Transparency of the regulated interswitching rates and methodology.
The results of the consultation informed the 2020 Interswitching Rate Determination.
Consultations on two issues—the contribution to fixed costs and the evaluation of railway productivity—were extended to early 2020. At the time of writing, the CTA is reviewing input received.
The results of consultations on these two remaining issues will inform the 2021 Interswitching Rate Determination, which will be published by December 1, 2020.
Because air travel so often crosses borders, the CTA has been placing particular emphasis on international collaboration to make sure that persons with disabilities experience the most barrier-free travel possible. The CTA has also increased its participation in the sharing of information and best practices with independent economic regulators from other countries.
Mobility devices and air travel forum
In the course of consultations related to the ATPDR, issues related to the storage and transportation of mobility aids on aircraft were identified as needing further examination, given the increasing size and complexity of mobility devices. To consider those issues, the CTA established an International Working Group (IWG), which produced a Mobility Aids and Air Travel Report in May 2019.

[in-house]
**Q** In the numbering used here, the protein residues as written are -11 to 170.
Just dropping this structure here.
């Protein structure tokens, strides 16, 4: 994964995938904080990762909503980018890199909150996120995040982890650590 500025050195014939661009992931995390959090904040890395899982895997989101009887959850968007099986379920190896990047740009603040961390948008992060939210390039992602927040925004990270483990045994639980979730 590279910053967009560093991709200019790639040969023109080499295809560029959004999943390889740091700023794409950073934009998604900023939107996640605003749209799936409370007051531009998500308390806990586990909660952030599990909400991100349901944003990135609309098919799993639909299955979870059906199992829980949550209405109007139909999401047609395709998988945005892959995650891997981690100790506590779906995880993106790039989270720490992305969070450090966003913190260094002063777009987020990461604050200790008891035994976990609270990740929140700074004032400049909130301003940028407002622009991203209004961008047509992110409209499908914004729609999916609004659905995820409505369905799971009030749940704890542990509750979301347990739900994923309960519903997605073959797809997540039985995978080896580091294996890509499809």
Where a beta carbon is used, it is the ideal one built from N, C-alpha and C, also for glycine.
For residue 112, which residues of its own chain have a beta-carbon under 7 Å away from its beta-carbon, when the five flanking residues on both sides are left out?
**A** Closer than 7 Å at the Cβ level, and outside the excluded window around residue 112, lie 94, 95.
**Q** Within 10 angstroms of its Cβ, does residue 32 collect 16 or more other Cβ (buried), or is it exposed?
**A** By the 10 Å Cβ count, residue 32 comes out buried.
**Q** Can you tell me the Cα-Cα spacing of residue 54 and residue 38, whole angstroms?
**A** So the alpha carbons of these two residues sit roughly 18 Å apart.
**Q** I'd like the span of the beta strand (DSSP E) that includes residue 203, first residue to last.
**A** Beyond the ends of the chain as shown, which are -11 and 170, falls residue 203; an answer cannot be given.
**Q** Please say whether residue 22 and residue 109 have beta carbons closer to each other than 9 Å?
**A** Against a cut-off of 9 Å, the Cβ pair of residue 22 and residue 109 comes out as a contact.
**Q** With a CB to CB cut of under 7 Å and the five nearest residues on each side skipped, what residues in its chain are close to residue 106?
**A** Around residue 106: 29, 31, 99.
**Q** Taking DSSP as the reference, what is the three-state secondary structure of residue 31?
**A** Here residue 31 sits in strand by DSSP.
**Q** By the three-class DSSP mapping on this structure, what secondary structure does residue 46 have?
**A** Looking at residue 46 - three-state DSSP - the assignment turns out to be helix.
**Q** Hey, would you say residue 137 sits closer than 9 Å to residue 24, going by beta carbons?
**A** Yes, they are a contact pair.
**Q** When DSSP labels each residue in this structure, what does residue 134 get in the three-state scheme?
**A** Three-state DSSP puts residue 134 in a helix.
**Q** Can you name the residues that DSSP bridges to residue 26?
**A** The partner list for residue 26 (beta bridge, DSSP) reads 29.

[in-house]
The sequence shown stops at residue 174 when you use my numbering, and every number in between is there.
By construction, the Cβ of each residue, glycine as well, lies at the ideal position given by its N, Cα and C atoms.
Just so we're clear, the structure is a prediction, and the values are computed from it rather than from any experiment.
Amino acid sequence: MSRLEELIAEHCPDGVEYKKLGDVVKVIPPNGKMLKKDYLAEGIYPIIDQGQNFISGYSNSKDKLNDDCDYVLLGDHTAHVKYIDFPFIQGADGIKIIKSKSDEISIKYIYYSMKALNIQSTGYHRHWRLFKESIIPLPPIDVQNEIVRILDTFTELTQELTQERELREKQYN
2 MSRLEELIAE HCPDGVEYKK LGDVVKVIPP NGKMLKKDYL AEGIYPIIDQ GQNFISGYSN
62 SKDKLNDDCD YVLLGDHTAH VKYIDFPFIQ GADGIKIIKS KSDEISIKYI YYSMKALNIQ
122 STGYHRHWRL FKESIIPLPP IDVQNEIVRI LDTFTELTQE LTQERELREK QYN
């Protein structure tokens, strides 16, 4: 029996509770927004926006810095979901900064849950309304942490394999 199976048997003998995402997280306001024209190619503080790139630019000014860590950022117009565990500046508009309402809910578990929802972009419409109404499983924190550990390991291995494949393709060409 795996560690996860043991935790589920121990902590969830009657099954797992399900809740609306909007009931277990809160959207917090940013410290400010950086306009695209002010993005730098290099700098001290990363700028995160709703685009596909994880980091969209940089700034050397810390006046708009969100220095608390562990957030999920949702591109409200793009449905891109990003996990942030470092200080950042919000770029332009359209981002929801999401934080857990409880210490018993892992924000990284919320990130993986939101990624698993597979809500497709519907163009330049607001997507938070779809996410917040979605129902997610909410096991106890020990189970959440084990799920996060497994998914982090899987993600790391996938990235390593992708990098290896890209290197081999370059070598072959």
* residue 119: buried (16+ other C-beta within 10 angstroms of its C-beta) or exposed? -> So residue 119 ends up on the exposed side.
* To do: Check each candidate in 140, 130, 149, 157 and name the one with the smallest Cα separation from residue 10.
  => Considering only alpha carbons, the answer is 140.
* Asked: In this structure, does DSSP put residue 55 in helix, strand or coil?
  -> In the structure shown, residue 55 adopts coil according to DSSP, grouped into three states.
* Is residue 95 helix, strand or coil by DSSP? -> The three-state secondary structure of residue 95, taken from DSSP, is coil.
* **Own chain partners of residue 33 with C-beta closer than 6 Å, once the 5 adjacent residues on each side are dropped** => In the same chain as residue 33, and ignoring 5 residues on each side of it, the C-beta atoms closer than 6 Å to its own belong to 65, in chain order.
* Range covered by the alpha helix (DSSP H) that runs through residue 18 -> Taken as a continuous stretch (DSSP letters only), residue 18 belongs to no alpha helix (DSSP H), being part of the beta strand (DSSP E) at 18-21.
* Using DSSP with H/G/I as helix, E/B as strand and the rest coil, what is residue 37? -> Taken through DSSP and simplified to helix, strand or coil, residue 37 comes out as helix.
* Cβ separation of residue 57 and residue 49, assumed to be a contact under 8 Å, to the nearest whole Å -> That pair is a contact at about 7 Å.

The report has four recommendations that could be implemented in the near term to improve the experience of persons with disabilities travelling by air with mobility aids, by enhancing the safe transportation of these aids and reducing the likelihood of damage. These are:
developing a mobility aid passport containing technical information, such as device dimensions and special handling instructions;
creating a standard mobility aid handling checklist that identifies required steps for proper handling;
improving communication between passengers and airline employees at the time of making a reservation, before a trip, and on the day of travel; and
developing additional training materials for reservation agents, airlines and airport staff, including ground handlers.
Work is already underway to advance the short-term recommendations set out in the report.
International Civil Aviation Organization